Here again, we did not see a big range in scores following our testing, all falling between 4 and 7, but there were subtle differences that will be meaningful to some users. In general the high scorers were the models that were easy to carry. The ORCA 58 Quart and Pelican ProGear Elite, both of which took home the top score of 7, were also our favorite models to carry when heavily loaded. Our testers found the rigid plastic handles of the Pelican to be the most comfortable, but the Pelican lost some packability points due to its hefty exterior size. While the ORCA's handles weren't quite as comfortable, they were still clearly better than the rest of the models, and its more cubic shape made it more packable.
Most of the models we tested fell into the mid range of portability performance, with 5 models exiting our testing with a score of 6. This group, which includes the Coleman, Engel, Yukon, Max Cold, and Rubbermaid, all received average handle comfort scores from our testers. If you often find yourself lugging around a heavy cooler you'll want to consider one of our top scorers. However, if you're a pack it up in the car and never move it kind of person, one of these models may suit your needs.
The lowest scorers in our portability testing were the Yeti Tundra, which scored a 5, and the Grizzly, which scored a 4. We felt that both models somewhat missed the mark in handle design. The Yeti combined a rigid handle with a rope attachment, which resulted in odd distributions of the load in our testers' ' hands. The Grizzly opted for an all soft handle, which caused a lot of pinching during our carry tests.
Features is our lowest weighted scoring criteria at just 5%.This is because insulation is far and away the most important thing to consider for these products, so much so that that any additional features are just tangential to their primary function. However, there are a number of features available on some models: rulers, cupholders, even emergency bottle openers. High-end models also include more durable construction features, such as pin style hinges and external latches. The feature we like the most is a drain plug leash, but while convenient it certainly isn't necessary.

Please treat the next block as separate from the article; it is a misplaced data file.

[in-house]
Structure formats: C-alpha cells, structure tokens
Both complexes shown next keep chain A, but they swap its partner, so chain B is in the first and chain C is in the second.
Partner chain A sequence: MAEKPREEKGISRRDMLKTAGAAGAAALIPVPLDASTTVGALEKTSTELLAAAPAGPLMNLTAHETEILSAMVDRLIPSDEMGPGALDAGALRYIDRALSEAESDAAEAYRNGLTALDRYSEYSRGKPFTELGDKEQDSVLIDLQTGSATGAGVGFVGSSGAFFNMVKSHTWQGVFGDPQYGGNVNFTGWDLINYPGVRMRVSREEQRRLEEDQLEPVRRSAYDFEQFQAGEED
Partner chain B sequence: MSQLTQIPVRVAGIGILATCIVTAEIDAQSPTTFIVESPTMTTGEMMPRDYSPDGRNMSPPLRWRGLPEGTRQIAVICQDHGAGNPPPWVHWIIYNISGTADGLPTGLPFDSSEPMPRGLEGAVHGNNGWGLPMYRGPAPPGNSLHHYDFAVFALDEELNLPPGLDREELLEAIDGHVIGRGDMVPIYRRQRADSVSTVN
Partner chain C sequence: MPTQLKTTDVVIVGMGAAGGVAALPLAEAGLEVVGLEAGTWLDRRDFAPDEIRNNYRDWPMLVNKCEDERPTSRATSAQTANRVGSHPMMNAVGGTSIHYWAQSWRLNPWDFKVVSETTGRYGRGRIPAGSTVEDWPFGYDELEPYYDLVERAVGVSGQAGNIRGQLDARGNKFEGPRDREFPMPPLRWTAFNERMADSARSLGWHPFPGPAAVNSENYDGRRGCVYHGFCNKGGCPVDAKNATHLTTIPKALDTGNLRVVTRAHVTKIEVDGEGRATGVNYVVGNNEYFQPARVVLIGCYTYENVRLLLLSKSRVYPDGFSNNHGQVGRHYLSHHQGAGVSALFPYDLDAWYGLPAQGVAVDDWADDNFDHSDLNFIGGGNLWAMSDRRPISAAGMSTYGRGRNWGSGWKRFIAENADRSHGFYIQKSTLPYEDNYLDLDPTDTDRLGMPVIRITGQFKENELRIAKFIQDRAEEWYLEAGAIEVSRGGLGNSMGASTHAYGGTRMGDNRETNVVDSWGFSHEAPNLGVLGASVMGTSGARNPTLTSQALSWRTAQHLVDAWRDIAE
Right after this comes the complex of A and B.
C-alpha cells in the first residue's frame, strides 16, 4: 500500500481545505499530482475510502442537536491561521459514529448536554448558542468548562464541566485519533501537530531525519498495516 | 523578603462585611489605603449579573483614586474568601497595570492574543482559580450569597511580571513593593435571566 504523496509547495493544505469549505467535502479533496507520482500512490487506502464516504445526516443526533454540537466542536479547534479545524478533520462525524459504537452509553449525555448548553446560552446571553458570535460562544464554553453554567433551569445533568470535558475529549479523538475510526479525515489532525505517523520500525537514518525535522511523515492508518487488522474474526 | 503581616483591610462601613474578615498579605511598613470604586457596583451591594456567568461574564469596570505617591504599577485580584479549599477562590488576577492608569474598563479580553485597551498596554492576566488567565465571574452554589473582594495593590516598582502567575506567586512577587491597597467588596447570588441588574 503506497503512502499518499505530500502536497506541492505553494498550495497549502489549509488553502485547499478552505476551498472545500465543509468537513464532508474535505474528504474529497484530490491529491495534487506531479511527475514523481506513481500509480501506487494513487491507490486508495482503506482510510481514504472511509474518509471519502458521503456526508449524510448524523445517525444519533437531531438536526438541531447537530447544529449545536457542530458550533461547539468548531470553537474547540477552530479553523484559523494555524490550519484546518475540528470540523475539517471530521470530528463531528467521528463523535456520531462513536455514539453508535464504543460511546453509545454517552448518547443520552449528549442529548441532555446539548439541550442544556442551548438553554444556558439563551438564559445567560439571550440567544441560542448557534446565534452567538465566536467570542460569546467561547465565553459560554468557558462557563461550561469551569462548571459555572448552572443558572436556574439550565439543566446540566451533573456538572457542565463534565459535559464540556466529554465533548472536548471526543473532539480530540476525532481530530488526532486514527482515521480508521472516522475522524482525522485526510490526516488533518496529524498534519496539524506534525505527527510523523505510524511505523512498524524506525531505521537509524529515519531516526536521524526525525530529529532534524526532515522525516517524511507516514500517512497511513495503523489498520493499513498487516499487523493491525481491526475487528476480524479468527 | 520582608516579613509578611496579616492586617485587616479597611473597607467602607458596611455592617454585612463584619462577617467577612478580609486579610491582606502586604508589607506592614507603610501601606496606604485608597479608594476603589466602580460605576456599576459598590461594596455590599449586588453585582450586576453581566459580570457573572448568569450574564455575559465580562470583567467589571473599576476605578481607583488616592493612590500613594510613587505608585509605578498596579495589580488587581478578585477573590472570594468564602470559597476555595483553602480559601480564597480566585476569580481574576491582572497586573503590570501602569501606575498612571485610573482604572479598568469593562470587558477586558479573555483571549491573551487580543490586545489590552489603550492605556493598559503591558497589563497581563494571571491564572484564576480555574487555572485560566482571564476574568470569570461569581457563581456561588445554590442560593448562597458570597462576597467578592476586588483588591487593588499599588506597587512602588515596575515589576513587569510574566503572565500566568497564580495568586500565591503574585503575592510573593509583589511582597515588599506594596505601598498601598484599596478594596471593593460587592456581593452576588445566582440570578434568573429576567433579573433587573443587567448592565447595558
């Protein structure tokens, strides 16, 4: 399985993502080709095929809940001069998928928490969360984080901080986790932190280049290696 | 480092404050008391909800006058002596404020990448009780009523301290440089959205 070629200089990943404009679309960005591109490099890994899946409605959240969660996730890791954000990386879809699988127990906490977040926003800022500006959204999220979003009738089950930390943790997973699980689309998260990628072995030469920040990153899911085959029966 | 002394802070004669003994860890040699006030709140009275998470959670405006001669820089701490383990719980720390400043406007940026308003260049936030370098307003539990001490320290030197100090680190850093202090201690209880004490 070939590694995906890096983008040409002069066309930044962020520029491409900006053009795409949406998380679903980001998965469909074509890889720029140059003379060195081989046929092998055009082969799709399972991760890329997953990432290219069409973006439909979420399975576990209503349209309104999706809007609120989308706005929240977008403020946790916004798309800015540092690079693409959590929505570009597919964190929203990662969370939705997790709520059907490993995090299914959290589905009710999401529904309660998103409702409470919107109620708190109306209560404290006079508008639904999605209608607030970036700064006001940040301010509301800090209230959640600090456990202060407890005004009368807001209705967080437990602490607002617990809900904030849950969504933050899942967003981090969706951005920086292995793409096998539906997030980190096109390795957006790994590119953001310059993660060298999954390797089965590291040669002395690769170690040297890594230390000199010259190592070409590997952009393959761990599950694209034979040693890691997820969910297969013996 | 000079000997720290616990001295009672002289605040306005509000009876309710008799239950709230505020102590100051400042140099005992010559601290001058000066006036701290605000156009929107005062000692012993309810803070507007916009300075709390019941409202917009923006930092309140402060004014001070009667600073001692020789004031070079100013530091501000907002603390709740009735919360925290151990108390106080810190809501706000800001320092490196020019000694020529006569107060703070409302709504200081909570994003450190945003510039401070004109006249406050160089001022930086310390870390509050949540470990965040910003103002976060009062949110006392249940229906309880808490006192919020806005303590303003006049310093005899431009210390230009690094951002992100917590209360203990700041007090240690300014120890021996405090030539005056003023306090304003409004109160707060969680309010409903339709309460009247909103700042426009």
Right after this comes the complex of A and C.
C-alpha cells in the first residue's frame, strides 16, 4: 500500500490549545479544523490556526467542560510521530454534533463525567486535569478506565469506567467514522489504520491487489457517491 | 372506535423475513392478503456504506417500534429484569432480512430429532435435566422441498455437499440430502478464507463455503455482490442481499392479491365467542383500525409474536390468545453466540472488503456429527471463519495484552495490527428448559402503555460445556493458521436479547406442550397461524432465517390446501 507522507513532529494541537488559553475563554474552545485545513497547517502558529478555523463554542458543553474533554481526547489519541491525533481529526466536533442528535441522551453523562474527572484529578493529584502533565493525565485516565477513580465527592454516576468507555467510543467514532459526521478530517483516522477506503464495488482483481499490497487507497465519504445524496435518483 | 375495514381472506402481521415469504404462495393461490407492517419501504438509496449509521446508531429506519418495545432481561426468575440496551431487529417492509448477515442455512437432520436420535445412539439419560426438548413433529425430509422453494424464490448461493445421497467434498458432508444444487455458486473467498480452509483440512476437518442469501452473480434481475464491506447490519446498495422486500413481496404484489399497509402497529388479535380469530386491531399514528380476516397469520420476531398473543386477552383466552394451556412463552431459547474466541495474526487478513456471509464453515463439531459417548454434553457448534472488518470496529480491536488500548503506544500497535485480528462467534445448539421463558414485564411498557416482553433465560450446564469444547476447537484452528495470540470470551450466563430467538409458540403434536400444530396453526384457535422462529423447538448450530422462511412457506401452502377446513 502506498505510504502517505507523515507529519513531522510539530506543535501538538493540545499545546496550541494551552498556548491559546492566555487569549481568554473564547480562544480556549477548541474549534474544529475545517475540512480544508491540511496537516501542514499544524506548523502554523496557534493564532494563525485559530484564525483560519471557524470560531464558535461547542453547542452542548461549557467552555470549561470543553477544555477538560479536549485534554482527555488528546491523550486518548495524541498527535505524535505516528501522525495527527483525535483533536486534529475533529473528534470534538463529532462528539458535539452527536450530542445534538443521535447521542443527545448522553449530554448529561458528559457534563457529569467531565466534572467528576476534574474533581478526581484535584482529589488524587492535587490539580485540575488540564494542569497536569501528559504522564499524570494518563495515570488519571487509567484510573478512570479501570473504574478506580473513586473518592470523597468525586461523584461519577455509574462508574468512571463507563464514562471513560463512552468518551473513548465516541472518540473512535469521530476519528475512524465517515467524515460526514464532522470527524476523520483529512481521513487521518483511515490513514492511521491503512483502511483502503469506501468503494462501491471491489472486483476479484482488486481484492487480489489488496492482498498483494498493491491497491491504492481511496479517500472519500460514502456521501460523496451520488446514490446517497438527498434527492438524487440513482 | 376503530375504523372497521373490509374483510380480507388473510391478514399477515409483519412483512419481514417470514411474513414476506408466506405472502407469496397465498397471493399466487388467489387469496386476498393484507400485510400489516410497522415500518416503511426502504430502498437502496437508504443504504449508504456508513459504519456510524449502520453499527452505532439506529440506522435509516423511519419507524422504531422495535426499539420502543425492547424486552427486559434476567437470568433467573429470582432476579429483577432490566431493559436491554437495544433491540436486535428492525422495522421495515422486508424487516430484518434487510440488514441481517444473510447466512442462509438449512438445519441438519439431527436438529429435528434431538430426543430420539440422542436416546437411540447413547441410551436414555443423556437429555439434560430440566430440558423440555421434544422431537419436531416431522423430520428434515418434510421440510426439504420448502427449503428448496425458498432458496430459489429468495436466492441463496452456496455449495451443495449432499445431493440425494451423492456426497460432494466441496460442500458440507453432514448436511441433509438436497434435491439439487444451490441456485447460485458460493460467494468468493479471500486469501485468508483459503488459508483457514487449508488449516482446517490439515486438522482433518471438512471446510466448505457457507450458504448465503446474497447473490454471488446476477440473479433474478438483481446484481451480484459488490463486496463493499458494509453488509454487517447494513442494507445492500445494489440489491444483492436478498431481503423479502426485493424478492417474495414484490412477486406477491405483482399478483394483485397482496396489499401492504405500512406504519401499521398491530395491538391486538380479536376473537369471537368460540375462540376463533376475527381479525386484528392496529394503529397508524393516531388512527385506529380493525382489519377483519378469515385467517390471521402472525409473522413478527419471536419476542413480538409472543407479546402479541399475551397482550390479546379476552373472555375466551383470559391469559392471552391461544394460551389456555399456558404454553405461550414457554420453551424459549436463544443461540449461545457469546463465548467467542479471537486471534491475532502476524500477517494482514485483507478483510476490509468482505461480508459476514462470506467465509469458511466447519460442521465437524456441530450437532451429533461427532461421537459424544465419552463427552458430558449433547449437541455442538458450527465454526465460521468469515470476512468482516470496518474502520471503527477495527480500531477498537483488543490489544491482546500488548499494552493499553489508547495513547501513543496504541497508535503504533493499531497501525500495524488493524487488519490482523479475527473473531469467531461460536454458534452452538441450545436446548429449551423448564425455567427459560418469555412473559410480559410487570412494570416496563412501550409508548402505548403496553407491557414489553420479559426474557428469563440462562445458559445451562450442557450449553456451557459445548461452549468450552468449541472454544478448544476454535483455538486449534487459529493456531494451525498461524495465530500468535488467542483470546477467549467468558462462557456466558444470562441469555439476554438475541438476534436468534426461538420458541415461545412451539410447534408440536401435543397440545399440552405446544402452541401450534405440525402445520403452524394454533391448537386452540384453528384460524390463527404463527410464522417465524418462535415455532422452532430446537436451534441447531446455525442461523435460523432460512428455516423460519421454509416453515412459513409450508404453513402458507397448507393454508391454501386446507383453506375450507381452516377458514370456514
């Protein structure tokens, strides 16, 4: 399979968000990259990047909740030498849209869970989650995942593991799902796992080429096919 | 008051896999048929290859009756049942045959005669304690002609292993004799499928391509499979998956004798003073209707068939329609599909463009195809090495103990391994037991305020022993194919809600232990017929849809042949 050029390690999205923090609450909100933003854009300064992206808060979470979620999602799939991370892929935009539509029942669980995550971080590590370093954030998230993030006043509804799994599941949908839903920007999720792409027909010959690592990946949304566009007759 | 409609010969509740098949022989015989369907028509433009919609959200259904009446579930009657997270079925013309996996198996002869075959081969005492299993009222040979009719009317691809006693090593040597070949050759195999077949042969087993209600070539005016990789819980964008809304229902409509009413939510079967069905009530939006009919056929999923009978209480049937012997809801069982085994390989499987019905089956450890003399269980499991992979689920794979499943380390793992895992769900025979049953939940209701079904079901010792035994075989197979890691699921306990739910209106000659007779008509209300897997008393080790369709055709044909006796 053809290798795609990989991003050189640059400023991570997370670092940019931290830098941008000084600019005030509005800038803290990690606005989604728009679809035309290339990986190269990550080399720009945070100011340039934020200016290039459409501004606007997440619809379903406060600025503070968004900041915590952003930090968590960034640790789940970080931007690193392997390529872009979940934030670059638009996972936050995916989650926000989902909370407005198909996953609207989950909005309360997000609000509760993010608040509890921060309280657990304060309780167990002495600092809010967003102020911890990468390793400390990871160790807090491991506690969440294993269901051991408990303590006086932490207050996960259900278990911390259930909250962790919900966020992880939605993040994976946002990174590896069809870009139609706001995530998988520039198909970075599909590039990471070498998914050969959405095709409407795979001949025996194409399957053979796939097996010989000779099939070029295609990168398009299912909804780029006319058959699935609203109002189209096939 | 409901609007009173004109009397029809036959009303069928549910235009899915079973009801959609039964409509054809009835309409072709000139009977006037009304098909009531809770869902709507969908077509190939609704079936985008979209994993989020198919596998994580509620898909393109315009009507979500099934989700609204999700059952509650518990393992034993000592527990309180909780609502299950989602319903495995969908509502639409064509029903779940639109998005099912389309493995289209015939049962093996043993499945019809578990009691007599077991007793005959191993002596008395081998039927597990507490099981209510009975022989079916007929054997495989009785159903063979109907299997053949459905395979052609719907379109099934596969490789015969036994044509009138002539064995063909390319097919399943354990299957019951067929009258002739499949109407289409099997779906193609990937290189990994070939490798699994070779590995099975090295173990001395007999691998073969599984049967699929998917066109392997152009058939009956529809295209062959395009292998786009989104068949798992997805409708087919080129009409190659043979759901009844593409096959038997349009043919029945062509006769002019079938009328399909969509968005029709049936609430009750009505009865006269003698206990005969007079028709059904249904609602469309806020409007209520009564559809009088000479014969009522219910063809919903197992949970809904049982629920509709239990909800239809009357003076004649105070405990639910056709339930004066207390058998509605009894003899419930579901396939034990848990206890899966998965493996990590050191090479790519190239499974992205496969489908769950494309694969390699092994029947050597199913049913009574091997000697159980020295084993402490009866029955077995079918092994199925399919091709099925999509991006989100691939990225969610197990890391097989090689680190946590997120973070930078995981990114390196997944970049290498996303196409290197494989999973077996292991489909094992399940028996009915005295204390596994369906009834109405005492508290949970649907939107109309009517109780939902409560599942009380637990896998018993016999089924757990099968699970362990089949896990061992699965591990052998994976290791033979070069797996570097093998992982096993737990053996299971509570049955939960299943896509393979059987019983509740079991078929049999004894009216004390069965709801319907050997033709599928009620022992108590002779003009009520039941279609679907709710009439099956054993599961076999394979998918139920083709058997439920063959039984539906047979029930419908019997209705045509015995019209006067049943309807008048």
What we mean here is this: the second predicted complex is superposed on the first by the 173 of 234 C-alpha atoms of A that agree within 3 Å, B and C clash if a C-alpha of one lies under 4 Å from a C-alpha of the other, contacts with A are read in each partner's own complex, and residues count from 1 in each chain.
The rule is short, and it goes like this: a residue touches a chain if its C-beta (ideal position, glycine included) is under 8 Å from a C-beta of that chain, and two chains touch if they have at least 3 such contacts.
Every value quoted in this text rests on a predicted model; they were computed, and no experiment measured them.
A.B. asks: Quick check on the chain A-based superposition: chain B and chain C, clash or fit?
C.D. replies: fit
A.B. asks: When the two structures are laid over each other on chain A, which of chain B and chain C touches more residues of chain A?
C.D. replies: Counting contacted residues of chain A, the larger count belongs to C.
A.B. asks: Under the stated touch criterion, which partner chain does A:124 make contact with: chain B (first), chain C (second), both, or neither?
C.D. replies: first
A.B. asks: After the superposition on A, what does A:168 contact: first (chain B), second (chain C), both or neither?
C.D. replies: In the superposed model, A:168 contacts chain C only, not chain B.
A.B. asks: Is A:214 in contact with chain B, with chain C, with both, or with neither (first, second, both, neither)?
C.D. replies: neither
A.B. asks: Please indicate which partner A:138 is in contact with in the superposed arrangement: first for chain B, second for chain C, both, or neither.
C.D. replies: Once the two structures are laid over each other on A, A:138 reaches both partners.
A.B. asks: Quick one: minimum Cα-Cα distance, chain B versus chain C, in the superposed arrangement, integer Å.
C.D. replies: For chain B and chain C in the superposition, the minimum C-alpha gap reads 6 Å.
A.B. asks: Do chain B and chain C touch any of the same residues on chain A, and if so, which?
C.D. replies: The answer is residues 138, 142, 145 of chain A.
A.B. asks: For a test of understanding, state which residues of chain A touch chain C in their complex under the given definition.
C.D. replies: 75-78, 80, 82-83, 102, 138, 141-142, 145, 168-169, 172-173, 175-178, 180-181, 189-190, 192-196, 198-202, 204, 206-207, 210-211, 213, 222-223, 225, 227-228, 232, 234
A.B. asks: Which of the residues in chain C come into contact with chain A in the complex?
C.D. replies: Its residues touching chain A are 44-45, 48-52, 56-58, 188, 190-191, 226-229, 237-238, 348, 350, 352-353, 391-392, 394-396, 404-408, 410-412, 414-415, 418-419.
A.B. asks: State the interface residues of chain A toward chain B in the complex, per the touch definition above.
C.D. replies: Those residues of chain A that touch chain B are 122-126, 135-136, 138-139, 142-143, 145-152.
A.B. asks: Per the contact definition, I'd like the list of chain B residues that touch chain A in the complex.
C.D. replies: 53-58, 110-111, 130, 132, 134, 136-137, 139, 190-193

The Pelican ProGear Elite topped the features category with a score of 7, due it its drain plug leash, built in lid ruler, and all of the accoutrements that come with high-end construction. Most of the other high-end models scored in the mid to high range due to their construction features. The Engel, which scored a 5, also includes a built in emergency bottle opener. The Igloo Yukon, which scored a 4, has burly drain plug leash that is long enough to stow the drain plug out of the way while draining. The Igloo Max Cold was the lowest scorer in this category, receiving a 3, but still featured a drain plug leash.
One of the complications in buying a cooler is figuring out how much cooler performance do you really need to buy? The very best models are robust, and will last a very long time, offering outstanding insulation for multi-day outings. But, the top of the line products are also expensive. If you don't need to keep things cold for very long then a lower cost cooler is going to be a better investment for your needs. We hope that our testing and ratings have helped you narrow down to one or two products that seem just right for your needs. If you are still not sure what to get, take a look at our Buying Advice article, which provides some guidelines for narrowing down selection that may be helpful.
— OutdoorGearLab Review Team